Thursday, February 28, 2013

Won't get fooled again

A day and a half of early spring sunshine and singing birds was enough to shake off my fishing lethargy. After an early lunch I was loading the roach gear in the car and enthusiastically setting off in search of maggots. No need for umbrellas, waterproofs or fleeces under bunnysuits. I'd soon be working up a sweat walking to my swim. With only two cars in the  car park there was no need to scout the lake for a swim, there'd be plenty of room, so on with the rucksack and  quiver, chair under on arm bait bucket in the free hand and away I go. Then I saw the lake...

There'd been another overnight frost but the sun had burned that off. The ice covering two thirds or more of the lake took me by surprise. The far side was clearest and no body fishing the swim I had hoped to fish. Only one problem. When I got round to that swim it was barely fishable. I had to fish some way to its right. Still, there was a nice level spot close to the water which would suffice. I'd been meaning to fish it at some point, so this was a good time to try it.

Rods baited in the usual fashion and cast out. Two to the markers on the line and one to the horizon. Well, to the ice edge at any rate! Flask out and settle down to flick through the Fox catalogue I'd picked up with the maggots. Half an hour went by with a few casts of the cage feeders when the ice sheet started to move. There was a light wind rippling the lake's surface and blowing in to my face from a slight angle. The ice was coming my way. Sure enough, with the whole of the clear water to blow into the ice blew straight into my swim. It looked like cat ice that I'd be able to fish through. But it wasn't. I had two options. Pack up and move round to the opposite bank - which now had a lot of free water in front of it, or take a chance by moving a few yards to my left and hope that if the rest of the ice broke up it would drift past me. I took the chance.

One good thing about the rod pod is that I was able to pick it up, rods and all, and cart the lot to my new swim. A rather awkward spot where I was high above the water. having had to fish like that on the Rat Pit I'd modified my Fox Horizon pod with Korum banksticks, which handily fit the pod as if they were designed for it. With short sticks at the front and longer ones at the back (fully extended) I was able to get the rod tips fairly close to the water. It might not look 'pukka' but it's effective.

Despite the enforced move I was not disheartened. With it being so bright I wasn't expecting any action until late on, even though there was some colour in the water. I was entertained by a thrush singing its head off in a tree behind me. I think it was a single bird doing a ventriloquist act rather than multiple birds. It was hard to pin down exactly which tree it was singing from.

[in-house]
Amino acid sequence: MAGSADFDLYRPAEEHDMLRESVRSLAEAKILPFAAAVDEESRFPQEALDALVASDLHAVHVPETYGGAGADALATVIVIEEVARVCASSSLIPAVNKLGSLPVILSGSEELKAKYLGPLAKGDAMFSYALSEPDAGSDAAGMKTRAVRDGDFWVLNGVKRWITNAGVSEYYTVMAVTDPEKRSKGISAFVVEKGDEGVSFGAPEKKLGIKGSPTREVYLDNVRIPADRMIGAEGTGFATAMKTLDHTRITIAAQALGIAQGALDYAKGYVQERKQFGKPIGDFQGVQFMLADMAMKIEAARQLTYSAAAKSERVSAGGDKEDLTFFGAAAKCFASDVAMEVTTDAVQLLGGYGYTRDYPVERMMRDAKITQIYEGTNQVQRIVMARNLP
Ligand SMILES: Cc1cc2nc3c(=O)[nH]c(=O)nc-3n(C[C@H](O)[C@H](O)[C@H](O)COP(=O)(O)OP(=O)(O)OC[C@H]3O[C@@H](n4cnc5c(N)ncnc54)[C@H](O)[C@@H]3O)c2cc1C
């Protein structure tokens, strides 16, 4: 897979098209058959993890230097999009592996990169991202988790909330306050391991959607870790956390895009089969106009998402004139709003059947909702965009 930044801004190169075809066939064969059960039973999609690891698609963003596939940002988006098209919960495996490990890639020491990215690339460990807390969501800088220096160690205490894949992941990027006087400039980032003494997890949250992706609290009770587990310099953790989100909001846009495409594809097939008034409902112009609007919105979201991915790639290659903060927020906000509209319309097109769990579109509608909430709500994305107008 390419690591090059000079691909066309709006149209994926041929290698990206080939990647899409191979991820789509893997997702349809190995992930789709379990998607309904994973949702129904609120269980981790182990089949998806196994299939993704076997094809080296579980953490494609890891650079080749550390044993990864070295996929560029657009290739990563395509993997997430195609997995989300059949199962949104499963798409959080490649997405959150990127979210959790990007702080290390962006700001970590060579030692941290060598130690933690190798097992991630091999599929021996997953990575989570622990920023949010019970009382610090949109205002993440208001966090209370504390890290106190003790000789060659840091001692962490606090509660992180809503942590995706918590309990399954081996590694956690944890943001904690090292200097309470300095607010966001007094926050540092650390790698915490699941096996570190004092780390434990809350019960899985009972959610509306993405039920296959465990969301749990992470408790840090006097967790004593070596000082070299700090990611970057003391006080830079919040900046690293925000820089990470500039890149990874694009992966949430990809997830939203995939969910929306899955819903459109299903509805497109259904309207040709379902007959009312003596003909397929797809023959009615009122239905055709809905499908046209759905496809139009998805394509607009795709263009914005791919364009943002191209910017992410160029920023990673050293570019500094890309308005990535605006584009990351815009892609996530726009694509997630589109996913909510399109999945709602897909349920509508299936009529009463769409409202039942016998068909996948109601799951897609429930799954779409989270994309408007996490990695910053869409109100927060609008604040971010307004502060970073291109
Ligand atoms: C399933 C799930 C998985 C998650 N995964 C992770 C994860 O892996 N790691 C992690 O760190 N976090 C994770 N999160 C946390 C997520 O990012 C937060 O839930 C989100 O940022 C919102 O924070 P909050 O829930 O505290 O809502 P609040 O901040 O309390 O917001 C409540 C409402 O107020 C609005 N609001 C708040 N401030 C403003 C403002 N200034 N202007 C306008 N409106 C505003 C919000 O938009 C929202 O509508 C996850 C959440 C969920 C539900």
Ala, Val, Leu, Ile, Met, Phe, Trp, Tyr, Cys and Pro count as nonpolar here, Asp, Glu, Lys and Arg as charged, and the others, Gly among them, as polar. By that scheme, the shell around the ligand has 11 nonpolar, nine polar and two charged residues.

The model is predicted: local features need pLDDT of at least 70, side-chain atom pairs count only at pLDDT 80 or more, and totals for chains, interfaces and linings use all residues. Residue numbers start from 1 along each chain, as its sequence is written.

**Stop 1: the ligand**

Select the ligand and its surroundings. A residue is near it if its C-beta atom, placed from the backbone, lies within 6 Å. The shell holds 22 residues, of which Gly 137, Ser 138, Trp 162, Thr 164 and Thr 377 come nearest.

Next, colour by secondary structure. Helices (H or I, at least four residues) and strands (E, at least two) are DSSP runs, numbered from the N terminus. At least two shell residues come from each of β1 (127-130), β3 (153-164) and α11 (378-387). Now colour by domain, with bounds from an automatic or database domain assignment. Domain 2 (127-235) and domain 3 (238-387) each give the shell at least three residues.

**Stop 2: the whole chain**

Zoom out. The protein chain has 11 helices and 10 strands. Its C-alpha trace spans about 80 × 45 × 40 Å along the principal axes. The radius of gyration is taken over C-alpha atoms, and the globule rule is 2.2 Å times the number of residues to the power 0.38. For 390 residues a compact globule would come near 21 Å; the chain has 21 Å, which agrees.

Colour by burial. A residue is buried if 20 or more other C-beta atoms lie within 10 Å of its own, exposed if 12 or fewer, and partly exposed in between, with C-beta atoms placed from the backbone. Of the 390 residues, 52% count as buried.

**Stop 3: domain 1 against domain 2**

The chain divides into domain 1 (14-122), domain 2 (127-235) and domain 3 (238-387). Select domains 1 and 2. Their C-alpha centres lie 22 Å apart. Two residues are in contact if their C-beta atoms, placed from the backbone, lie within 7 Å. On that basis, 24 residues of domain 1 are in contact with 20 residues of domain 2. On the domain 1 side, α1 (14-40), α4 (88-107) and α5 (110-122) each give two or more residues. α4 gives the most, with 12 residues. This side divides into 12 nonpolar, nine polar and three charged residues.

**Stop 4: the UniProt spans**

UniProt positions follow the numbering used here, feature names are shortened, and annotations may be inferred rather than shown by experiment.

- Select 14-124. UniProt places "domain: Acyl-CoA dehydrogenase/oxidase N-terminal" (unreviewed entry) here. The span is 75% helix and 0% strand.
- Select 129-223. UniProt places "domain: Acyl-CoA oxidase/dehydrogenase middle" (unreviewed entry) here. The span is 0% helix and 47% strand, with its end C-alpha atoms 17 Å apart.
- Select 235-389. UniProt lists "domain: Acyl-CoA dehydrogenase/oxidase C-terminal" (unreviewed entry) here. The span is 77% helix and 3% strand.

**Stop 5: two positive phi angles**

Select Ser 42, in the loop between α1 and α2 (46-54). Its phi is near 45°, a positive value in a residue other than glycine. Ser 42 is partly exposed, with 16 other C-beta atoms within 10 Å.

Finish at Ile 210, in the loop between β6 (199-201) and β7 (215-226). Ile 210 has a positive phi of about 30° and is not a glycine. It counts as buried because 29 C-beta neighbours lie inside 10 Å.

As the afternoon wore on and the flask emptied it began to grow cooler. The fleece was required but it still didn't feel bitterly cold. For some reason I dug out the thermometer and saw the air temperature was 5.7°c. Like a fool I threw the sensor in the lake and discovered the water was a couple of degrees colder. That was when my confidence started to ebb.

Even so it was pleasant out be out under a bright clear sky after five. Although I had thought to fish until it was dark enough to need the head torch I began a gradual clearing up at six fifteen. No fish had topped as the light faded, although a few insects had hatched. By the time I got back to the car it was near enough dark. I felt like the weather had tricked me into thinking fish would be feeding with abandon. There might be hints of spring in the air, but it certainly hasn't arrived yet. Tentative plans to do it all again tomorrow have been shelved. I suppose I could go piking, but that's a morning thing which would mean getting up early, and I don't fancy that!

Tuesday, February 19, 2013

Camera stuff for sale

Time for a clear out. First chances to Lumbland readers and Pikers Pit forum members!

Thursday, February 07, 2013

The rough and the smooth

Another week on and still not a line wetted. Stuck here waiting for another blasted parcel to turn up on a day when I had plans I thought I'd try to clear up a little confusion some people have about the finish on rod blanks

Blanks are made from carbon cloth impregnated with resin. This cloth is wrapped around a steel mandrel and taped tightly in place with a clear tape. This assembly is then put in an oven where the heat softens the resin allowing it to flow between the cloth's matrix. Removed from the oven the assembly cools and the tape is removed. It is the resin flowing between the carbon cloth and the tape which produces a spiral ridge on the freshly made blank. This is known as an unground blank, because all blanks which have a smooth finish have this ridge sanded away. These are smooth ground blanks.

Unground (top) and Ultra Matt (bottom).
In the initial ground state Harrison call this finish Ultra Matt. A coat of resin, clear or translucent, can be applied to a smooth ground blank to give it a shiny finish. These are then known as painted blanks. It is the grinding and painting processes which add to the cost of these blanks over plain old unground blanks.

Grinding a blank smooth mostly removes resin, but some of the carbon is also taken away. I have found, to my personal cost, that blanks which have been designed to be built up in the unground state can be softened a little if they are smooth ground. This only becomes noticeable in test curves of 2.25 and lower in my experience.

I assume this is because the same depth of material is removed to get the blank smooth no matter how thick the blank wall is. So on a thinner walled blank the percentage removed will be greater than on a blank that has thicker walls. I therefore recommend taking care if wanting a smooth blank from any of the lighter models of Harrison's earlier blanks.